Cyber Week will feature hundreds of the world's most influential cybersecurity leaders, including intelligence directors, military leaders, CEOs, researchers, political advisors, politicians, professors and journalists from 50 countries worldwide. The conference will include 45 events, and is expected to host over 7,000 attendees. There will be various panels, workshops and roundtables on topics such as blockchain, cybercrime, fraud, AI, and aviation, during which time attendees will have the rare opportunity to hear insights directly from the people who have shaped the modern industry of cybersecurity for nation-states, companies, and individuals. Cyber Week is hosted by the Blavatnik Interdisciplinary Cyber Research Center (ICRC), Yuval Ne'eman Workshop for Science, Technology, and Security, Tel Aviv University, the Ministry of Foreign Affairs, and the National Cyber Directorate at the Prime Minister's Office. Additional esteemed speakers include: "I am excited to speak alongside other leaders who are among the best cybersecurity minds the world has to offer," said former New York City Mayor, Rudolph W. Giuliani, Chair of Greenberg Traurig's Cybersecurity, Privacy and Crisis Management Practice. "Cyber Week provides a unique opportunity to share and explore insights with individuals who are at the forefront of cybersecurity. These are the very people who are ensuring the safety of our citizens, countries, and the technology systems that keep our economies thriving." "As significant cyber intrusions and attacks continue to hit organizations across the globe, it's incredibly important for government and the private sector to increase cooperation and work together on a common set of behavioral norms," said Michael Daniel, president, Cyber Threat Alliance. "I am thrilled to participate in Cyber Week alongside a number of forward thinking industry leaders to push forward the conversation around fighting today's threats as a collective front." "We are honored to host Rudy Giuliani, Michael Daniel, Tom Bossert and so many cybersecurity leaders from the United States," said Prof. Maj. Gen. (Ret.) Isaac Ben-Israel, Director, Blavatnik ICRC. "This year promises to be exceptional by the opportunity to share insights with the current and previous administrations in Washington. Collaboration is essential to the success of cybersecurity and is at the core of Cyber Week." Cyber Week is partnering with a number of distinguished sponsors, including Accenture, IAI, YL Ventures, Check Point, CyberArk, Dell EMC, Deutsche Telekom, GE, hub:raum, IBM, Intel, Microsoft, OPSWAT, RSA, Team8 and ThetaRay, as well as the esteemed contributor Sami Sagol, among others. For more information about Cyber Week 2017 and to register, please visit cyberweek.tau.ac.il.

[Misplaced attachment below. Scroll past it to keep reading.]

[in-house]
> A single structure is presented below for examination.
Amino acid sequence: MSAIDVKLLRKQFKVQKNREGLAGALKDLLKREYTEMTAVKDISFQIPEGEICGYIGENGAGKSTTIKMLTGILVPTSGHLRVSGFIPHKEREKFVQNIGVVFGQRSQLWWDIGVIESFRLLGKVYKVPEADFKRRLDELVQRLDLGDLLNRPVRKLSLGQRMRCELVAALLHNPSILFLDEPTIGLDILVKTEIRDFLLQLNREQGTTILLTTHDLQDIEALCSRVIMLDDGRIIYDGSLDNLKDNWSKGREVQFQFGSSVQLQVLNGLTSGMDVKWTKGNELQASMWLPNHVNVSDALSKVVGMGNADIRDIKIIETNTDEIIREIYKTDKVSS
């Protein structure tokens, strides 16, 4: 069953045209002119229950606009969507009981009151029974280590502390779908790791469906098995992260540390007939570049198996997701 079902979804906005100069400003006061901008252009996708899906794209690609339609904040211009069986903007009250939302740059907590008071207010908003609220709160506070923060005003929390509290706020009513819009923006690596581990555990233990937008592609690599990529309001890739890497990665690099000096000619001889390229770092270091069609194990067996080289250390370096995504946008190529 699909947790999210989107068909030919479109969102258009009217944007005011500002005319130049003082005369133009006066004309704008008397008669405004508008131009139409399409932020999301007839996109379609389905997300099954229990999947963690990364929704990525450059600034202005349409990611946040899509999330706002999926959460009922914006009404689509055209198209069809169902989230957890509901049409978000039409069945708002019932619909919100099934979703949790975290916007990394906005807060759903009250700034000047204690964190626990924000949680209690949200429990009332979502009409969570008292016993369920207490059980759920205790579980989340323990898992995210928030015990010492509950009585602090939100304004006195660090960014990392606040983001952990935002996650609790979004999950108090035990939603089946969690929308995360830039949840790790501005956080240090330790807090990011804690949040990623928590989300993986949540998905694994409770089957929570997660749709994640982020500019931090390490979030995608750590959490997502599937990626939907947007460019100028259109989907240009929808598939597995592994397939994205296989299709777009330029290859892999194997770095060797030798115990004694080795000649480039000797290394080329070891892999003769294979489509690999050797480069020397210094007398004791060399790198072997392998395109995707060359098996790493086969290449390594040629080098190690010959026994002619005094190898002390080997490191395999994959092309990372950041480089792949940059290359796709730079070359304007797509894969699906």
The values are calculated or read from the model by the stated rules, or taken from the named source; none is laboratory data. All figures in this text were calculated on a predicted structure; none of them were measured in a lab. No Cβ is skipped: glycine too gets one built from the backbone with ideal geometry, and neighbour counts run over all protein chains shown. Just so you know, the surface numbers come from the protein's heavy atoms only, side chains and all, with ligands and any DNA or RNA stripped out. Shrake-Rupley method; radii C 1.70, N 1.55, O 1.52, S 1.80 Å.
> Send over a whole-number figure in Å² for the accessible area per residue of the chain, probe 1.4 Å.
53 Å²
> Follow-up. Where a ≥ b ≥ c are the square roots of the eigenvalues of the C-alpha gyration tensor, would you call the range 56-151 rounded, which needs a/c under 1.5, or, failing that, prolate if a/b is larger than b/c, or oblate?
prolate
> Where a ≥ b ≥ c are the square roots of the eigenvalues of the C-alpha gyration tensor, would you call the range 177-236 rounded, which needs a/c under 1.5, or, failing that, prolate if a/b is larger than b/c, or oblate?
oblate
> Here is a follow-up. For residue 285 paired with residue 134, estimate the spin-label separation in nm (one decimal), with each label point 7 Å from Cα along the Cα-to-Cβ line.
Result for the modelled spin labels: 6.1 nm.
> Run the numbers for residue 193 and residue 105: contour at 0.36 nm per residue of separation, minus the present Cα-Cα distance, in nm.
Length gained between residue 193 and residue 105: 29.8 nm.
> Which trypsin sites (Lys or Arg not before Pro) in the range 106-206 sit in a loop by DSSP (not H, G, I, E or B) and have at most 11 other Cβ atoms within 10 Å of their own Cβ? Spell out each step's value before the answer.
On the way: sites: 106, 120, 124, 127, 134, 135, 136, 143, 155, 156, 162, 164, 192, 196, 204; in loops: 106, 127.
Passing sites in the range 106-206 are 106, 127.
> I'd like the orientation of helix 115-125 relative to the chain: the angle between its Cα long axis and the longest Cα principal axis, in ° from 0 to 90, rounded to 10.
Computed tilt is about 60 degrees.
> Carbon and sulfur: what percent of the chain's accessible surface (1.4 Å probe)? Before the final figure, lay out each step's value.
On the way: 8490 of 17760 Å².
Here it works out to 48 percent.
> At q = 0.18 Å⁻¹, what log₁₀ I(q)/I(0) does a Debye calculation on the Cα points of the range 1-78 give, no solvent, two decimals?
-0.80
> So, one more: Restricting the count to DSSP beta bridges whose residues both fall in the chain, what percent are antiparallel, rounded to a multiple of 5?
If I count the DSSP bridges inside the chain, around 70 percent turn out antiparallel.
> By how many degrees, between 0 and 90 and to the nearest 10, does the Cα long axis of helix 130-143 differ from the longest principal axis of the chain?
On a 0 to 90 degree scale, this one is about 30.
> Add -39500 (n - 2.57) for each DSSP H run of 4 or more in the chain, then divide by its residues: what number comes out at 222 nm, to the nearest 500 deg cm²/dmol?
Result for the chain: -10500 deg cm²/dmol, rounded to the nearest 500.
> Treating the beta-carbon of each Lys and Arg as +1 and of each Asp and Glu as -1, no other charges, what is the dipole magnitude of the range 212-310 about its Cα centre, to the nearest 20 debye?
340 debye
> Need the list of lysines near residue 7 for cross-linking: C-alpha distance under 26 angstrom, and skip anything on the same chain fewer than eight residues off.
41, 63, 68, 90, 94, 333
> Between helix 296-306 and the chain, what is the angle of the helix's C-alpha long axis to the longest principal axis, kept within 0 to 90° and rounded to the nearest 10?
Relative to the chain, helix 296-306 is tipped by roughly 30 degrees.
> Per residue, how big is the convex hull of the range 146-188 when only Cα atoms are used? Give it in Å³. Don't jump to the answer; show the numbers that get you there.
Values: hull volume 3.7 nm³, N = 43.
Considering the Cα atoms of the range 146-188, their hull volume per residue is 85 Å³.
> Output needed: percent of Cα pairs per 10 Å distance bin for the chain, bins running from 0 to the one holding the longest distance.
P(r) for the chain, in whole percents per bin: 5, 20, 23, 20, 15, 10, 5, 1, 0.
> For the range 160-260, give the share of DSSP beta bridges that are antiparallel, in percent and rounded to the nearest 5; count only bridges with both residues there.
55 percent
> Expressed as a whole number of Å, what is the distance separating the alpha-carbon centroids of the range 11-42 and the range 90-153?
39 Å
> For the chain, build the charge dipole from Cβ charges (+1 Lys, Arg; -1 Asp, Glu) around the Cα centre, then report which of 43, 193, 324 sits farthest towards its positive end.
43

News Article | May 15, 2017